Though 457 plans and Roth individual retirement arrangements both offer tax-sheltered growth for the money in the plan, they offer significantly different tax benefits. But, you might not have to choose between the two. Since the contributions for the two plan types don't overlap, you can make full contributions to both plans -- if you qualify.
If you work for a state or local government, your employer can offer you the chance to contribute to a 457 plan. Roth IRA eligibility isn't dependent on your employer, but you do need to have compensation. Compensation includes only earned income and taxable alimony. Plus, your modified adjusted gross income has to fall below the annual limits for your filing status. For example, in 2013 you can't contribute at all if you're single and your MAGI exceeds $127,000 or if you're married filing jointly and your MAGI exceeds $188,000.
The limits for a Roth IRA are significantly lower than for a 457 plan. As of 2013, you can contribute up to $17,500 to your 457 plan -- $23,000 if you're 50 or older. Plus, your 457 plan contribution limit isn't cumulative with other retirement plans, so you could also max out your 401(k) or 403(b). Roth IRAs only allow contributions of up to $5,500 -- $6,500 if you're 50 or older. And, your Roth IRA contribution limit is reduced by any money you put into traditional IRA.
Contributions to a Roth IRA won't get you a tax deduction, but you will get your qualified withdrawals out tax-free. Qualified withdrawals require that you be at least 59 1/2, permanently disabled, taking out up to $10,000 for a first home, or withdrawing funds as a beneficiary from an inherited IRA. Plus, the Roth IRA must be at least five tax years old. Your 457 plan contributions reduce your taxable income in the year you make them. But, when you take distributions, you must include the withdrawals in your taxable income.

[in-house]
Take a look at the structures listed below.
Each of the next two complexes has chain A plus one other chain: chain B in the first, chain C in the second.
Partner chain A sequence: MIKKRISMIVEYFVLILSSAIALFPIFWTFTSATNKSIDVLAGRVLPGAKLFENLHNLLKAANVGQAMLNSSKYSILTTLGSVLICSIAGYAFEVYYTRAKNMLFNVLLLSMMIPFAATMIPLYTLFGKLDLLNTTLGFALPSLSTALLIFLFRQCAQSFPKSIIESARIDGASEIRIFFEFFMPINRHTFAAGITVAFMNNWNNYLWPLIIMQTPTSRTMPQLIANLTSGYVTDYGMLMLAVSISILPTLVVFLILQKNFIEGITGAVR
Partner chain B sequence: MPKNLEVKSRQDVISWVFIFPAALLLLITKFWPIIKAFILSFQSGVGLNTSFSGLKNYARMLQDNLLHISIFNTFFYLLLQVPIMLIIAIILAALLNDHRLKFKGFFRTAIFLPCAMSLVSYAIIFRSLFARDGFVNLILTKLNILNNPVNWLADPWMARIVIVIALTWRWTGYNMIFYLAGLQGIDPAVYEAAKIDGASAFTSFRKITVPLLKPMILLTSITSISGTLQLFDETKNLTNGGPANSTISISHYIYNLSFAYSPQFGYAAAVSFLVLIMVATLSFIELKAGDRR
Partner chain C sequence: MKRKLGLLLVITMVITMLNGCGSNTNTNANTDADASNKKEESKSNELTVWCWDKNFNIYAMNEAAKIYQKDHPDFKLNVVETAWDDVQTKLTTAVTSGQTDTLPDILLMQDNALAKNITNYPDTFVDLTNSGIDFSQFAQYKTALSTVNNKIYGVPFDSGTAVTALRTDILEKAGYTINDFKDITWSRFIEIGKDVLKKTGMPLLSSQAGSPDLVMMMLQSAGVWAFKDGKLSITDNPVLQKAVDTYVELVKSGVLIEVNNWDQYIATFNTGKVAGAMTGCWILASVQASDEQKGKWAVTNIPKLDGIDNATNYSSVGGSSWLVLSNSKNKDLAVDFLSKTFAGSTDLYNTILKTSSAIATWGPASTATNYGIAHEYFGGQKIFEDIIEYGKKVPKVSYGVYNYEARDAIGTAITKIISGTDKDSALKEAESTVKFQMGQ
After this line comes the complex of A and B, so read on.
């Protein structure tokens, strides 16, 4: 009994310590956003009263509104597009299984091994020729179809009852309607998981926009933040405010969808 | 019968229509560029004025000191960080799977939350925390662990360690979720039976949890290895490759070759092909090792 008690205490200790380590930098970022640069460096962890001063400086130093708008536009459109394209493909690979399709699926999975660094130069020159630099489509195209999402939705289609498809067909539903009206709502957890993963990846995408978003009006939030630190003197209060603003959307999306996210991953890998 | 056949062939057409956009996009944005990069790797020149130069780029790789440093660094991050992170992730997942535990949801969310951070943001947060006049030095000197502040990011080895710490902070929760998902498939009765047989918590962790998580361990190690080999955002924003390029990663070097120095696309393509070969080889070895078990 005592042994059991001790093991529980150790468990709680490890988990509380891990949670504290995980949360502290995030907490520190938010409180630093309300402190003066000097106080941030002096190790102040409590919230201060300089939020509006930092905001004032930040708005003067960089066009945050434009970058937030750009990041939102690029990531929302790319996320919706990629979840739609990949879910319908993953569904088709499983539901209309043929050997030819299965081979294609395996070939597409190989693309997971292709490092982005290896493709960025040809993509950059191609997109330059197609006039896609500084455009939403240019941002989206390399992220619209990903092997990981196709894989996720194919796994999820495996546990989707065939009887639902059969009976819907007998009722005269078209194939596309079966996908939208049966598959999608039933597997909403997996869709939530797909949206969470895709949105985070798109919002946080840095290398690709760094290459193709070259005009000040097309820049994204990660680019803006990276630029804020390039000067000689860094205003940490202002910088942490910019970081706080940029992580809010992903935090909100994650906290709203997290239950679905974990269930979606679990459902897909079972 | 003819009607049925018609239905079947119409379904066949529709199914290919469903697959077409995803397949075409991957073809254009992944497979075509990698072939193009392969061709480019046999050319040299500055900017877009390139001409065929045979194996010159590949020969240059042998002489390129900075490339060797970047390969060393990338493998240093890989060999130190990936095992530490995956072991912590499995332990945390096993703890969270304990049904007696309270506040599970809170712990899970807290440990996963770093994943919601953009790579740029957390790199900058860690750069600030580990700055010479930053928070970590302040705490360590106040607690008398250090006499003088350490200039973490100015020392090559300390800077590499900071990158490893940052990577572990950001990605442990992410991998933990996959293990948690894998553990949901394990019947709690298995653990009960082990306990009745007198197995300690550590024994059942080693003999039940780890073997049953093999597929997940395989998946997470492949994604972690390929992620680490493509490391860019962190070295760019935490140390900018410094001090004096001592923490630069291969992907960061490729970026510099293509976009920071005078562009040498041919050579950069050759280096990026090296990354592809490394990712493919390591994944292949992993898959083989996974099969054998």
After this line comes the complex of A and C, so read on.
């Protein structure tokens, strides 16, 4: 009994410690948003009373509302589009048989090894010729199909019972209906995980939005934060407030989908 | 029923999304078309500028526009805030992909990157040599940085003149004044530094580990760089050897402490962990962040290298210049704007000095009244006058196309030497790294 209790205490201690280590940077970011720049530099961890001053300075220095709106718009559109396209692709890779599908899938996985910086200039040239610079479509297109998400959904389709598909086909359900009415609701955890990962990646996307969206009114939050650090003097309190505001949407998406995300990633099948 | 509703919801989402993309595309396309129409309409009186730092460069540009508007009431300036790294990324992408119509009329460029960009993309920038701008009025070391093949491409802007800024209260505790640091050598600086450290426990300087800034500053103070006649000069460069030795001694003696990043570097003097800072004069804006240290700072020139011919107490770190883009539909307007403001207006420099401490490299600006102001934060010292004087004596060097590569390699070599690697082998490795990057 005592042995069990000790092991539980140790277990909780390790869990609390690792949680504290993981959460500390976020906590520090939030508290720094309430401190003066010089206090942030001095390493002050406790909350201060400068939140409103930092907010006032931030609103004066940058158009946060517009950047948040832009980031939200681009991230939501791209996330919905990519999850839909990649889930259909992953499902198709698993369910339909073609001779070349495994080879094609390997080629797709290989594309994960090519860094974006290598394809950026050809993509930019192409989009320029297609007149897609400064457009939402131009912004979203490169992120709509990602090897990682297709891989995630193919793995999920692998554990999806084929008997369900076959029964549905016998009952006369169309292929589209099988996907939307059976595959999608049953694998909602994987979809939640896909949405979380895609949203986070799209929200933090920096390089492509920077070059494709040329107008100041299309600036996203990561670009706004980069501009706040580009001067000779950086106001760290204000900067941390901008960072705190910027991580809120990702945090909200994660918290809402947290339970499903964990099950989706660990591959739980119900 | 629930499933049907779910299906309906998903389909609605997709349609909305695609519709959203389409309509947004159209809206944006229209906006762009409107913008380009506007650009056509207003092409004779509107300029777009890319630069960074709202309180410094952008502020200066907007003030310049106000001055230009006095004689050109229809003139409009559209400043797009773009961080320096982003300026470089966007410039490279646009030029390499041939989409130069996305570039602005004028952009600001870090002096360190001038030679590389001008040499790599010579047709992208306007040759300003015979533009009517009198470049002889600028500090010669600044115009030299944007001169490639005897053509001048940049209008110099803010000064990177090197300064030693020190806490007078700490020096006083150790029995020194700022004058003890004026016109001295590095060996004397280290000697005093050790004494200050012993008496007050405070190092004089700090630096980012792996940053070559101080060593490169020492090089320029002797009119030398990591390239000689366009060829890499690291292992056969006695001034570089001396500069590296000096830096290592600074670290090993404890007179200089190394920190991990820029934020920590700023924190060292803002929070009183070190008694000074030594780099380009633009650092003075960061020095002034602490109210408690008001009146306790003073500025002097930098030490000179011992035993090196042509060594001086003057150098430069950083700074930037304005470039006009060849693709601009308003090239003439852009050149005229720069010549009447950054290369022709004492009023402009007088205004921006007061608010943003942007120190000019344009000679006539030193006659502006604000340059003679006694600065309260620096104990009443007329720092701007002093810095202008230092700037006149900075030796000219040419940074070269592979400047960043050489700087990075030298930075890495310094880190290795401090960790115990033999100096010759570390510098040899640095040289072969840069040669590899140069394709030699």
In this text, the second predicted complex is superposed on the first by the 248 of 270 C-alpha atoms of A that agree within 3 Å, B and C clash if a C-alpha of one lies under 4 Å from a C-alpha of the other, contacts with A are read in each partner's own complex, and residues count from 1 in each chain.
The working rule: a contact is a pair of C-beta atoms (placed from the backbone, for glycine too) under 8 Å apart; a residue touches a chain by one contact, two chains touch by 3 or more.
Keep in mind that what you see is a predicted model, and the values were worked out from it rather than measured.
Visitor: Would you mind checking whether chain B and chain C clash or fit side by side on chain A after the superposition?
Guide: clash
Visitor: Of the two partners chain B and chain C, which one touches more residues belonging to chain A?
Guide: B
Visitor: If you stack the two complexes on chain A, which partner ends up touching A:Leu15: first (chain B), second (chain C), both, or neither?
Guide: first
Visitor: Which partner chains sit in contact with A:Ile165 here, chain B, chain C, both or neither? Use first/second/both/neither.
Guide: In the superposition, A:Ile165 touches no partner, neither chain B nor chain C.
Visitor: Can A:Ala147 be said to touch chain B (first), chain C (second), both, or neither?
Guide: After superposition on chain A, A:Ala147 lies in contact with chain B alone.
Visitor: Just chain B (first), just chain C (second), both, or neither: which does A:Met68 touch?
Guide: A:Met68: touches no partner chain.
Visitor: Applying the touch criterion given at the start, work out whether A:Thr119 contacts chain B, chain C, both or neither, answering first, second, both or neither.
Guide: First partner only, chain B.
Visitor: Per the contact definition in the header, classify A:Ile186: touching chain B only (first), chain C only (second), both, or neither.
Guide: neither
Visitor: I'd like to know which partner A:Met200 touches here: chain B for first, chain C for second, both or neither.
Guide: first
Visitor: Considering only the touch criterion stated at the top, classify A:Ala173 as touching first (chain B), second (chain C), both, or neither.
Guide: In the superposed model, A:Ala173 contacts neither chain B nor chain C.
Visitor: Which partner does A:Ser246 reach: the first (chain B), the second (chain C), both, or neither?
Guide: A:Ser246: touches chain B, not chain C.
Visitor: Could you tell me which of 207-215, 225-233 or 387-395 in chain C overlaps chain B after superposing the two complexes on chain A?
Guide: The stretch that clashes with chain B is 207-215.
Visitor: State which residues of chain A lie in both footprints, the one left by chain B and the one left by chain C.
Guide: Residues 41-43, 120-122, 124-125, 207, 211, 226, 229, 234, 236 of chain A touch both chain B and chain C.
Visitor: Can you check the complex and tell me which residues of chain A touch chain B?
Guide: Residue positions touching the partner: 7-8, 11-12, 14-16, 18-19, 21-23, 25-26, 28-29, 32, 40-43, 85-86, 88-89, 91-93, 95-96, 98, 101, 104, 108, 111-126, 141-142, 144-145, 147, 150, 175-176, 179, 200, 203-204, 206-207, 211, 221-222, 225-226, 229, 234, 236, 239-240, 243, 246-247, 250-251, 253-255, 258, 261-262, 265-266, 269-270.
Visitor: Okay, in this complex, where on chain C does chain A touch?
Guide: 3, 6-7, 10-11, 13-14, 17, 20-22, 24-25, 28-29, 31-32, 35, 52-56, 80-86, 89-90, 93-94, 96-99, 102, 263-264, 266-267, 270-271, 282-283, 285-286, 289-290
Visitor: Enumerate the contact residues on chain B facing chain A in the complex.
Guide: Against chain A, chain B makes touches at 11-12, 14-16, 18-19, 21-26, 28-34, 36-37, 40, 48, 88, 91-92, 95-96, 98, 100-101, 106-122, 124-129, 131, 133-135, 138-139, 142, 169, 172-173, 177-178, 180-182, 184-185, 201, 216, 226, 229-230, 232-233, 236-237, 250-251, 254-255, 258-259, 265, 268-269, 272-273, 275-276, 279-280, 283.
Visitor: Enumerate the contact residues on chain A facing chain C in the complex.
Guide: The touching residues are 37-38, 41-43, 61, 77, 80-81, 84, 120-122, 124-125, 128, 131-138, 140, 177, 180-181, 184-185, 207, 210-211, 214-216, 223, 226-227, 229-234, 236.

Early Withdrawal Penalties
When you have a 457 plan, you can withdraw your money any time without paying an early withdrawal penalty. Roth IRAs, on the other hand, impose a 10 percent additional tax on the taxable portion of nonqualified withdrawals. But, if you're taking a nonqualified Roth IRA withdrawal, you get all your contributions out tax-free first. Even when you take an early withdrawal of earnings, which count as taxable income, you can avoid the penalty if you qualify for an exception, like higher education expenses, health insurance when you're unemployed or medical expenses exceeding 7.5 percent of your adjusted gross income.
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